More than 20 years ago, taxpayers found that the various interest charges they paid on everything from mortgages to credit card balances to auto loans provided them a bit of a tax break. They could deduct that interest when they filed their returns.
Most interest deductions disappeared in 1986, when lawmakers overhauled the tax code. Now, the only remaining interest write-offs are for amounts paid on mortgage, student and investment loans.
While millions still claim the mortgage-interest deduction every year, the investment-interest break is generally overlooked. But for some filers, it could provide additional tax savings.
What counts as investment interest?The first step to claiming this deduction is to determine whether you have, in the eyes of the Internal Revenue Service, investment interest.
This deduction is typically used by people who borrow money to buy stocks, bonds and other equities. Others buy investments on margin; that is, they borrow money from their broker to make purchases. The amount paid on that margin account is investment interest.
But the deduction can be used for other investments. And this is where it gets tricky.
"People don't understand what it means," says Cindy Hockenberry, a practicing enrolled agent and member of the National Association of Tax Professionals research staff in Appleton, Wis. "It's basically any interest you incur to buy any investment, not just stocks or bonds."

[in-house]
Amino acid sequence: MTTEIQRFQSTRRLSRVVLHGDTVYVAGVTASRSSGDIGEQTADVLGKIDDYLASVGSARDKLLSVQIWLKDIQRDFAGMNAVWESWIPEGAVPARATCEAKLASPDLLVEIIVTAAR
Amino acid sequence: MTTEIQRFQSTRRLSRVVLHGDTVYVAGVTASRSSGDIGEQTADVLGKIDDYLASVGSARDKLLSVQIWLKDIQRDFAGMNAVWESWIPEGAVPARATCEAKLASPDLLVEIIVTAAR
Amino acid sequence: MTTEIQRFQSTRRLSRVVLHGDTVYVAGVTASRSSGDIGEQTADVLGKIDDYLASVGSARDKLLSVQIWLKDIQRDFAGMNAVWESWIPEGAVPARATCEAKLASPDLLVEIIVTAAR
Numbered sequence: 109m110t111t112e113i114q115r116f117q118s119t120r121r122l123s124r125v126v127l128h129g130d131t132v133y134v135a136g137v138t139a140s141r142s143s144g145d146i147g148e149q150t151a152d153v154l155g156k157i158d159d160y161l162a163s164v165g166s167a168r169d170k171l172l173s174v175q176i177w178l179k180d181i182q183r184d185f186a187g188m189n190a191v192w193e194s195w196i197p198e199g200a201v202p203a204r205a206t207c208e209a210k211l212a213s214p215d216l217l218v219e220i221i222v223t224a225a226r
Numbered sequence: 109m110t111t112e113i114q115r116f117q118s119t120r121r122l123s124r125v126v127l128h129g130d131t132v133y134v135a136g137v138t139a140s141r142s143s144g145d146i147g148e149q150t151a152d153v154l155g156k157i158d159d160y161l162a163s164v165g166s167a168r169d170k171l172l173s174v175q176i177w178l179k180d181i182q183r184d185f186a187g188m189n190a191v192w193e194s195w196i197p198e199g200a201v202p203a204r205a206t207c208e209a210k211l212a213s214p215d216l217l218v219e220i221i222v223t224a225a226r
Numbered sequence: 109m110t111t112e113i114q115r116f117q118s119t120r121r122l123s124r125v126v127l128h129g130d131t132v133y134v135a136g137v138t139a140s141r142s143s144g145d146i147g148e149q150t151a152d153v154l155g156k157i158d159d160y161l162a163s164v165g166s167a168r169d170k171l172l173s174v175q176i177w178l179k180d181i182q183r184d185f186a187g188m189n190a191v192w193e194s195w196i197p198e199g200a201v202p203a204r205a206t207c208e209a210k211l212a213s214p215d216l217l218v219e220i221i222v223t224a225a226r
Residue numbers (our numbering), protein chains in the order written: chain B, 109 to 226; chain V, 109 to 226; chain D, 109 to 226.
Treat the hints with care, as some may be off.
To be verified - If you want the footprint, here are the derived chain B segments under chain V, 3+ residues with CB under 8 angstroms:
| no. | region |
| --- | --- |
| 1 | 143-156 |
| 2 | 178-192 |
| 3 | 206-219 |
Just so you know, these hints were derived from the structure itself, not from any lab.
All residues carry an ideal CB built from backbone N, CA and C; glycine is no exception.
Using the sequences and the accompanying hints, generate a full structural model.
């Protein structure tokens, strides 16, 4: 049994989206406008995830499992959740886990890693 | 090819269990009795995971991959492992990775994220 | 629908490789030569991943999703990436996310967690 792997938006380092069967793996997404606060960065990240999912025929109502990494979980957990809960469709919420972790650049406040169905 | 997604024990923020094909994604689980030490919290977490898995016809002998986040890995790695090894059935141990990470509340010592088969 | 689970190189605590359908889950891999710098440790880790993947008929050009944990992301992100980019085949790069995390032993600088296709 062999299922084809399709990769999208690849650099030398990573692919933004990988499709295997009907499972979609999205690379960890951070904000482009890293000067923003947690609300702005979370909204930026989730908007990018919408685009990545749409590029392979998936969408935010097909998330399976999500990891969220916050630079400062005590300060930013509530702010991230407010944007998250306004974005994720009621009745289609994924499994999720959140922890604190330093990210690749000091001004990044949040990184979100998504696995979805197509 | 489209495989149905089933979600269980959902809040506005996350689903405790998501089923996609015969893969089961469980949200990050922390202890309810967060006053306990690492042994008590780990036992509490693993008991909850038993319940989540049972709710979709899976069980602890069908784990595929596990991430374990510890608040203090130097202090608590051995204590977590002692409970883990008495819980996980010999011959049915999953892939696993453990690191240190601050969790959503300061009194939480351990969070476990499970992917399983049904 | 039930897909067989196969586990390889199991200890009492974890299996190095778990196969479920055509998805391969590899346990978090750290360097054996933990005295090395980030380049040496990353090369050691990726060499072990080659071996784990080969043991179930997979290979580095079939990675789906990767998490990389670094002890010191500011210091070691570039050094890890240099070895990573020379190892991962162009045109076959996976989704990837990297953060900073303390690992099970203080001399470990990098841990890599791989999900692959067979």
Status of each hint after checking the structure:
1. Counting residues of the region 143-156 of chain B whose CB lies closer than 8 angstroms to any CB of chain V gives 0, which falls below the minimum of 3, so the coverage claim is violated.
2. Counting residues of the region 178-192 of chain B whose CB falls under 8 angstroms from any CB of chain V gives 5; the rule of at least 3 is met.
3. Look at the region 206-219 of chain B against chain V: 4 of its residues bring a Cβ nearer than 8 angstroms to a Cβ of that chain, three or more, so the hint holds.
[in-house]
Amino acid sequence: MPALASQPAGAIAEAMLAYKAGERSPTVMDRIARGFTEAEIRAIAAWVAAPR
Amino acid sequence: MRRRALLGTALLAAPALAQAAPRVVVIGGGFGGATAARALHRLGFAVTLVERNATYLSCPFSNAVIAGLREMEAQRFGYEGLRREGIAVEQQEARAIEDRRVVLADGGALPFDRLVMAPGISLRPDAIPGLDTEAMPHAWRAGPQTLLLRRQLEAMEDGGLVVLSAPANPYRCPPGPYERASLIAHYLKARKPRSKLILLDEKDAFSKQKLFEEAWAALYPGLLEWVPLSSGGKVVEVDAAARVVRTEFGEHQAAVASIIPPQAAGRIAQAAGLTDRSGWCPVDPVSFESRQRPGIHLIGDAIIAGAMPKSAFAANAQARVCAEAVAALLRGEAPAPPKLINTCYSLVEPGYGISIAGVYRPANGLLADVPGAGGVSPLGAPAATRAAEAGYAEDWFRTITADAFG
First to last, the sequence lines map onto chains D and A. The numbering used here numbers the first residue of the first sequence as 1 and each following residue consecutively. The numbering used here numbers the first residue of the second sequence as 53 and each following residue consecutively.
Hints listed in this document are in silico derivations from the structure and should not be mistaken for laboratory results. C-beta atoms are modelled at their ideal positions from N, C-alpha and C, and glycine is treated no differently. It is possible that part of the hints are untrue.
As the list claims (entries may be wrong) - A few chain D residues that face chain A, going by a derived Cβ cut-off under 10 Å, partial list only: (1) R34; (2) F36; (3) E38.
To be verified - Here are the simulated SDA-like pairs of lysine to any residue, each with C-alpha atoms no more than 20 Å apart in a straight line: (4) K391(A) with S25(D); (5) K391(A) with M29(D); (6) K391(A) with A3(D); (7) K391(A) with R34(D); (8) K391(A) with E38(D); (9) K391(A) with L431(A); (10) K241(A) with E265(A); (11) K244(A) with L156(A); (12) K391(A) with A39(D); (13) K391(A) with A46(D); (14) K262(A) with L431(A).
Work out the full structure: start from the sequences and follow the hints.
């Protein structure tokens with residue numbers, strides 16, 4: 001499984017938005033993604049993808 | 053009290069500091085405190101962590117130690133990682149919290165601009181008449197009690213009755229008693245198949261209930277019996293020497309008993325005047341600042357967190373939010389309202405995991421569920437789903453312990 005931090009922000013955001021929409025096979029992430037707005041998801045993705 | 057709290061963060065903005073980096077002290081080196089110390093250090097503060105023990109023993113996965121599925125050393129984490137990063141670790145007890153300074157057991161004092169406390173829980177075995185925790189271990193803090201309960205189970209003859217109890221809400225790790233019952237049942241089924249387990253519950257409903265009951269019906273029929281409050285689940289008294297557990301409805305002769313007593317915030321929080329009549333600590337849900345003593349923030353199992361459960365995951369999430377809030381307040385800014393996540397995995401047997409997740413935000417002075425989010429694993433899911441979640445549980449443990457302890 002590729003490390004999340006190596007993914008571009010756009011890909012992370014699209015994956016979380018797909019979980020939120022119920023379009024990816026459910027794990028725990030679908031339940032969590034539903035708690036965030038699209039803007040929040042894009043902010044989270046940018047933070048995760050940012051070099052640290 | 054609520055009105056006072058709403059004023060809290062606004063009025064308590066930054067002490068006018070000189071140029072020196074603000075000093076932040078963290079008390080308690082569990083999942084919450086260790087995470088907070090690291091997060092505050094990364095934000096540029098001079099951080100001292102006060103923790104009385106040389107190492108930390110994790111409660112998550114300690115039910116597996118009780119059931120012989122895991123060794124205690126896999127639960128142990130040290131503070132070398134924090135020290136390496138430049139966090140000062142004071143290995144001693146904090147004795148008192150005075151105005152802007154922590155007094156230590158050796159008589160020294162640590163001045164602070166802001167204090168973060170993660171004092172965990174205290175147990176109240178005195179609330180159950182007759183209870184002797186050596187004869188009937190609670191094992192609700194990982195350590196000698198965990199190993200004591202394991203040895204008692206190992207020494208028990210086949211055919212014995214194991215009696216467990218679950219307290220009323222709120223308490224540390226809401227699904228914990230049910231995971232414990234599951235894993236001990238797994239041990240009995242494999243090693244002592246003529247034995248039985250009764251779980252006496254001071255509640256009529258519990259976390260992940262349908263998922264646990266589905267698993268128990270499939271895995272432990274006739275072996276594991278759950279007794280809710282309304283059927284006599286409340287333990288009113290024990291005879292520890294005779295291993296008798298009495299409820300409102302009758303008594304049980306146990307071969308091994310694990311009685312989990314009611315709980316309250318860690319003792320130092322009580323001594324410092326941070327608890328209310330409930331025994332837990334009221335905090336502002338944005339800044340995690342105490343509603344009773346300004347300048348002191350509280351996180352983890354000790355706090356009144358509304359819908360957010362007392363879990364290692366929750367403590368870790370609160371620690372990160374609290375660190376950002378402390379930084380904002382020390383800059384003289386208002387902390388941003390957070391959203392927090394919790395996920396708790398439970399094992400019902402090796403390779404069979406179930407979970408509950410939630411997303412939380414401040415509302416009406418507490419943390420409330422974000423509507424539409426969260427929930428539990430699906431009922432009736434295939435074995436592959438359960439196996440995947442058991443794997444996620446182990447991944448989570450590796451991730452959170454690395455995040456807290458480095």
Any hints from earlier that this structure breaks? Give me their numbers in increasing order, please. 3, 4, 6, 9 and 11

Interest paid on a loan to purchase land, for example, could qualify for the deduction. So could, under the right circumstances, interest you pay on a loan you took out to invest in a privately held company, says Eva Rosenberg, a California-based enrolled agent and the Web's TaxMama.
Investing in real estateHowever, if the lot you purchased has a house on it, the availability of the investment-interest deduction gets more complicated, since the tax code contains varying rules when it comes to real estate.
Your primary residence gets the benefits of many tax breaks, including the popular mortgage-interest deduction. A mortgage on a second home is also eligible for the interest write-off, as long as loans on both houses don't exceed $1 million. You also need to make sure you use the second house enough for it to qualify as a personal vacation retreat.
Go beyond these two holdings, and you'll find the tax treatment of real estate decidedly different.
When you own rental property, the IRS classifies that as a passive investment, says Rosenberg. "The passive rules are so complicated, even IRS auditors can't figure them out," she says, only partially in jest.